Novel anti-4-1BB×PD-L1 bispecific antibody augments anti-tumor immunity through tumor-directed T-cell activation and checkpoint blockade

Novel anti-4-1BB×PD-L1 bispecific antibody augments anti-tumor immunity through tumor-directed T-cell activation and checkpoint blockade

Abstract

Background: Stimulation of 4-1BB with agonistic antibodies is a promising strategy for improving the therapeutic efficacy of immune checkpoint inhibitors (ICIs) or for overcoming resistance to ICIs. However, dose-dependent hepatotoxicity was observed in clinical trials with monoclonal anti-4-1BB agonistic antibodies due to the activation of 4-1BB signaling in liver resident Kupffer cells.

Methods: To avoid this on-target liver toxicity, we developed a novel bispecific antibody (4-1BB×PD-L1 bispecific antibody, termed “ABL503”) uniquely designed to activate 4-1BB signaling only in the context of PD-L1, while also blocking PD-1/PD-L1 signaling.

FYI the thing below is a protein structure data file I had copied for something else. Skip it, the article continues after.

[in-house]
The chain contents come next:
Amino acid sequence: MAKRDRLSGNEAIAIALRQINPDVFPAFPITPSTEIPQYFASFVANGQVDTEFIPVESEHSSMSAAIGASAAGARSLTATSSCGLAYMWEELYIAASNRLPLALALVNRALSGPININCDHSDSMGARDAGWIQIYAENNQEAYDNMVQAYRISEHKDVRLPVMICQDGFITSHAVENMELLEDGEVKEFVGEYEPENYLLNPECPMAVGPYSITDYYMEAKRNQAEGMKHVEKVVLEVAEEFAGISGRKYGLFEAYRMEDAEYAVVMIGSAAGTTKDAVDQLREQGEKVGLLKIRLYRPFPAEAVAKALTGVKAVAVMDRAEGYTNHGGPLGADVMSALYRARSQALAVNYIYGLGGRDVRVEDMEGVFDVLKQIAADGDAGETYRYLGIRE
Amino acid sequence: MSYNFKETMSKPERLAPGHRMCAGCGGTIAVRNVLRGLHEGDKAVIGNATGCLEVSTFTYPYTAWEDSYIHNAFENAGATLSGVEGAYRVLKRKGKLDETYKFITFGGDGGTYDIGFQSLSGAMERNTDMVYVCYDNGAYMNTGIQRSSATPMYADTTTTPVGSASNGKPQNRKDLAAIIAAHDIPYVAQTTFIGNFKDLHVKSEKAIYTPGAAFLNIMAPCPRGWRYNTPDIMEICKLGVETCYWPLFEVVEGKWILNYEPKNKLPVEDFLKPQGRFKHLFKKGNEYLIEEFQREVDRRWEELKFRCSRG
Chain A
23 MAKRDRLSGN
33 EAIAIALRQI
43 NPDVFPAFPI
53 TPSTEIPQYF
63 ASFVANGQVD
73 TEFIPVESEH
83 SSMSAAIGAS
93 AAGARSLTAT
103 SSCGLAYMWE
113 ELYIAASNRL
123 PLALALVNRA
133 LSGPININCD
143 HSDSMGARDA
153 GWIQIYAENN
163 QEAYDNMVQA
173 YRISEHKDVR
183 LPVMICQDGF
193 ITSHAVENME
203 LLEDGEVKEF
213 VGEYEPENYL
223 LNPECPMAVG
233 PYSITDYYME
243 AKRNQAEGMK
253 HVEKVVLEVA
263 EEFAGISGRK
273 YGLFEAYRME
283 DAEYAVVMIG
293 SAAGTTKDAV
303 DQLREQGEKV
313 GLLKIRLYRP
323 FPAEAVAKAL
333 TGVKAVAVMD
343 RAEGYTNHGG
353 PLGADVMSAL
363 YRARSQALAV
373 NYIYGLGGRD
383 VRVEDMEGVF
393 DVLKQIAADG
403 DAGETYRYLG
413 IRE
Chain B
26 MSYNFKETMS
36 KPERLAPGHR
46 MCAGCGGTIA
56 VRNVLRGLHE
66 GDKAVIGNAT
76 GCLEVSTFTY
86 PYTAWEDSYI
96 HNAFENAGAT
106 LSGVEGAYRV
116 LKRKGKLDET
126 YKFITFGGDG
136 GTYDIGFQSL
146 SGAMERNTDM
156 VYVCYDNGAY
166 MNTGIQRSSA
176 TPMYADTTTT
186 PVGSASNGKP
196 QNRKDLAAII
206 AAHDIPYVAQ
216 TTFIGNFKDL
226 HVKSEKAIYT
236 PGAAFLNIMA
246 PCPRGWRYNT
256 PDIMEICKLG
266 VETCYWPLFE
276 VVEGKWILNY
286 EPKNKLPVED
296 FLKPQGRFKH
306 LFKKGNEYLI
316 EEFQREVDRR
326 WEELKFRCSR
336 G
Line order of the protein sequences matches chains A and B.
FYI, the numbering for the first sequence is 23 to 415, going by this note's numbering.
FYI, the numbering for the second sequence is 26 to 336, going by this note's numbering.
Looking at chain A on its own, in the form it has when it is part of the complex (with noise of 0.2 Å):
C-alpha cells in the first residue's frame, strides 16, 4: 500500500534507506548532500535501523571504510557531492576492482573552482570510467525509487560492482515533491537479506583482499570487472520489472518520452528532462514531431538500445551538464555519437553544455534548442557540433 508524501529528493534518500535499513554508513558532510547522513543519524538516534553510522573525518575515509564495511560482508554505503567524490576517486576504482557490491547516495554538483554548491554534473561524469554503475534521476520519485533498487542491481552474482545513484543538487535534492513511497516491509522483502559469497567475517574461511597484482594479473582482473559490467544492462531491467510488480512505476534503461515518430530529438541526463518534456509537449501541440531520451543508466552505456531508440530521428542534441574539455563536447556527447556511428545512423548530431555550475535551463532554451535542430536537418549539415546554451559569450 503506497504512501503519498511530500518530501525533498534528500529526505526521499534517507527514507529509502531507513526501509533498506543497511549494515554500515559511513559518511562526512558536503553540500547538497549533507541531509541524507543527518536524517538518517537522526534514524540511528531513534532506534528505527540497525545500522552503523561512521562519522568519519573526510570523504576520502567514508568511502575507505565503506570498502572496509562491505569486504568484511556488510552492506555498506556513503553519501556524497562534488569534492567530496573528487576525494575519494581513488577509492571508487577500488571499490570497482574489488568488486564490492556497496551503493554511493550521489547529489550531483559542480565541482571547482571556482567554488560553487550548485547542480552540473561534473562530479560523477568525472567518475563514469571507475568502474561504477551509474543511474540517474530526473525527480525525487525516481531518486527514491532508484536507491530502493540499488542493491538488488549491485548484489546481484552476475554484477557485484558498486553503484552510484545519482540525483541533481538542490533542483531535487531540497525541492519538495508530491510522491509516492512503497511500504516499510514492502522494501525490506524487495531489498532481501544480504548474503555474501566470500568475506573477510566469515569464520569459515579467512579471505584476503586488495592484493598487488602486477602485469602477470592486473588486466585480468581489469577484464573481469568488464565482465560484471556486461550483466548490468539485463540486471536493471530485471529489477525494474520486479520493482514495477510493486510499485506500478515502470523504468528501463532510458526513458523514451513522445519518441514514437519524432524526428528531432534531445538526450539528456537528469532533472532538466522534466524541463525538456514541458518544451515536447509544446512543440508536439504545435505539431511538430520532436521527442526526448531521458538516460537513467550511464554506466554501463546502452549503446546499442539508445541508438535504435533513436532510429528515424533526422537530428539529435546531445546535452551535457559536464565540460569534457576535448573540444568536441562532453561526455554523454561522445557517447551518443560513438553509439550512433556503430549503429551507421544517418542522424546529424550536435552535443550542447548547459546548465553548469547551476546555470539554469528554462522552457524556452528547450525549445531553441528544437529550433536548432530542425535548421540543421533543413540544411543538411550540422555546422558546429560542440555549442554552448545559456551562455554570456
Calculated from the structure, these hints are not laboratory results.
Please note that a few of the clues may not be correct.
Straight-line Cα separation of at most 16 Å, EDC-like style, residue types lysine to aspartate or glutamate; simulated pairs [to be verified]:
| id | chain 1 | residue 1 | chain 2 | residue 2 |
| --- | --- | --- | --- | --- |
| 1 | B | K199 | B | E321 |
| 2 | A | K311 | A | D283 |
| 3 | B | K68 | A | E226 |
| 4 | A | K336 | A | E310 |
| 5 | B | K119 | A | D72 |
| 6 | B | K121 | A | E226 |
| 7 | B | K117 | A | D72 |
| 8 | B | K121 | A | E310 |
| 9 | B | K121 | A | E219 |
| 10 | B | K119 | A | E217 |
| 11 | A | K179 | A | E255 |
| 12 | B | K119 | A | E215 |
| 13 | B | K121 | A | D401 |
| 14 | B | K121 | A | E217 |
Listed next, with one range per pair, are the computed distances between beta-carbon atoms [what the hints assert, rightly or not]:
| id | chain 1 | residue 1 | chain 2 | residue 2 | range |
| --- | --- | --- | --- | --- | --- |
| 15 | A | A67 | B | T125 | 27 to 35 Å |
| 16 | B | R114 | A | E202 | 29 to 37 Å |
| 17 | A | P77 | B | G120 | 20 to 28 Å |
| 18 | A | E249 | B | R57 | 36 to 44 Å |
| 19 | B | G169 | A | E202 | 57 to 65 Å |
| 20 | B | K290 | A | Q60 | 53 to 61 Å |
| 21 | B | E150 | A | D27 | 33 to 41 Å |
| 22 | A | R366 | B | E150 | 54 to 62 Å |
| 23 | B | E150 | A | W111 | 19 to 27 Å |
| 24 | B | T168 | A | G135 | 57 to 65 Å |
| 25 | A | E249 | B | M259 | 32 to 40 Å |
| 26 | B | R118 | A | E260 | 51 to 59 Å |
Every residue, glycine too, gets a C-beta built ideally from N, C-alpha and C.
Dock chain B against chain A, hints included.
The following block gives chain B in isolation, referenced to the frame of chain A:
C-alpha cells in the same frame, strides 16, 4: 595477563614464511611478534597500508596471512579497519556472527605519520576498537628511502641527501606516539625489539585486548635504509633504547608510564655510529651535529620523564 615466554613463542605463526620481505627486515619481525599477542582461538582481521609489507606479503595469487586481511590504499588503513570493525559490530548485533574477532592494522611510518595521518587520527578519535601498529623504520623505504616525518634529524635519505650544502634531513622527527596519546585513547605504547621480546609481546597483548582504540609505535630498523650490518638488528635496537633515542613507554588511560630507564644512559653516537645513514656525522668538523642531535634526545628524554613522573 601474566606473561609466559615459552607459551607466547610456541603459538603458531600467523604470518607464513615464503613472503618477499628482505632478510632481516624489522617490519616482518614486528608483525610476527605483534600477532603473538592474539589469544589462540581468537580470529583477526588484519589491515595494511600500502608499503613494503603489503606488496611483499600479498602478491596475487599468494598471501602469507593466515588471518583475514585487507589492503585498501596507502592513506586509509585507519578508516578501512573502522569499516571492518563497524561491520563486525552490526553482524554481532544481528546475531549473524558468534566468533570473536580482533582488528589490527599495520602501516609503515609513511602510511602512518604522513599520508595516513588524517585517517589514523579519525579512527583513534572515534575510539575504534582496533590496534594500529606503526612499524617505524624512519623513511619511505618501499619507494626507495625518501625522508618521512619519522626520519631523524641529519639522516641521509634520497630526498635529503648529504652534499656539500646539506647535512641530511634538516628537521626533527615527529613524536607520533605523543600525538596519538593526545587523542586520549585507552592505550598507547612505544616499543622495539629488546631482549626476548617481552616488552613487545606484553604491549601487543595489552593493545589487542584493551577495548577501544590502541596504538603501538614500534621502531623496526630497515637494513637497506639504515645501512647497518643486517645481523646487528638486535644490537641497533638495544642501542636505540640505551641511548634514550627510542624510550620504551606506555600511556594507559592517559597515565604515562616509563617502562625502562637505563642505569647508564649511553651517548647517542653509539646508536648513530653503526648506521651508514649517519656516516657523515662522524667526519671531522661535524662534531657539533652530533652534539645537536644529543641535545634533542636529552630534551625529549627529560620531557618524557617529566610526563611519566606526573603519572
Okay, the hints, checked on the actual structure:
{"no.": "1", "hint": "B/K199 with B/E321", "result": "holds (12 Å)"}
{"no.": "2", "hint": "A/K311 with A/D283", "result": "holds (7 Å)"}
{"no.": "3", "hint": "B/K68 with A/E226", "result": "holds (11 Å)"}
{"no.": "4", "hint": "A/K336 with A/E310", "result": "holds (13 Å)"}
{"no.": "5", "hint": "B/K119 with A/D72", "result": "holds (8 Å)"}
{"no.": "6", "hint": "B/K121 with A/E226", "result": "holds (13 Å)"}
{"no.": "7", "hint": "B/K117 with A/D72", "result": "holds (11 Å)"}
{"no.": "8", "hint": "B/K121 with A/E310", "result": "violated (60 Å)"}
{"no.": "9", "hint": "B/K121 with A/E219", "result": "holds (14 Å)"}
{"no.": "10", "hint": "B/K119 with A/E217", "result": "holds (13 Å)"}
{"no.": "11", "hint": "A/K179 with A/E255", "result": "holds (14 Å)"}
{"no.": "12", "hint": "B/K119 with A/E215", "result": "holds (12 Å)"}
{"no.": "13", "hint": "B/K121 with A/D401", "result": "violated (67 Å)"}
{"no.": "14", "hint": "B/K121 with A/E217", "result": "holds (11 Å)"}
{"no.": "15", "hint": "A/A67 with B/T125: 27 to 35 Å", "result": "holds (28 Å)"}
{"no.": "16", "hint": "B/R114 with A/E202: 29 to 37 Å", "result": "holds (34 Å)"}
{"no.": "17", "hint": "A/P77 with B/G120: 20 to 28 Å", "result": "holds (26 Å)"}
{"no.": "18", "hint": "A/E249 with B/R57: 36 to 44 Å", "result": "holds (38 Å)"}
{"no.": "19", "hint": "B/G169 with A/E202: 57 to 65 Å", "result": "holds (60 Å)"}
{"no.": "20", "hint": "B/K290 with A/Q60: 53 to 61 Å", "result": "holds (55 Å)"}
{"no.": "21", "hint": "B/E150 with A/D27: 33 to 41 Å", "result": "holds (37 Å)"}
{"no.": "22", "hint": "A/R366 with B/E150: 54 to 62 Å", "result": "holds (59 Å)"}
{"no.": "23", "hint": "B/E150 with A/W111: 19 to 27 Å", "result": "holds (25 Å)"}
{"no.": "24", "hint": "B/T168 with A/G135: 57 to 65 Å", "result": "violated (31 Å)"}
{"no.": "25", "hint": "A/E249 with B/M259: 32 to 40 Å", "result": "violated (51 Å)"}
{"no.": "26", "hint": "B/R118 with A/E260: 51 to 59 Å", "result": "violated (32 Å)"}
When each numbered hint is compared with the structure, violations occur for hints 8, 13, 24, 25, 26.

Results: Functional evaluation using effector cells expressing both 4-1BB and PD-1 revealed superior biological activity of ABL503 compared with the combination of each monoclonal antibody. ABL503 also augmented T-cell activation in in vitro assays and further enhanced the anti-PD-L1-mediated reinvigoration of tumor-infiltrating CD8+ T cells from patients with cancer. Furthermore, in humanized PD-L1/4-1BB transgenic mice challenged with huPD-L1-expressing tumor cells, ABL503 induced superior anti-tumor activity and maintained an anti-tumor response against tumor rechallenge. ABL503 was well tolerated, with normal liver function in monkeys.

Conclusion: The novel anti-4-1BB×PD-L1 bispecific antibody may exert a strong anti-tumor therapeutic efficacy with a low risk of liver toxicity through the restriction of 4-1BB stimulation in tumors.

Keywords: T-lymphocytes; adaptive immunity; costimulatory and inhibitory T-cell receptors; immunotherapy.

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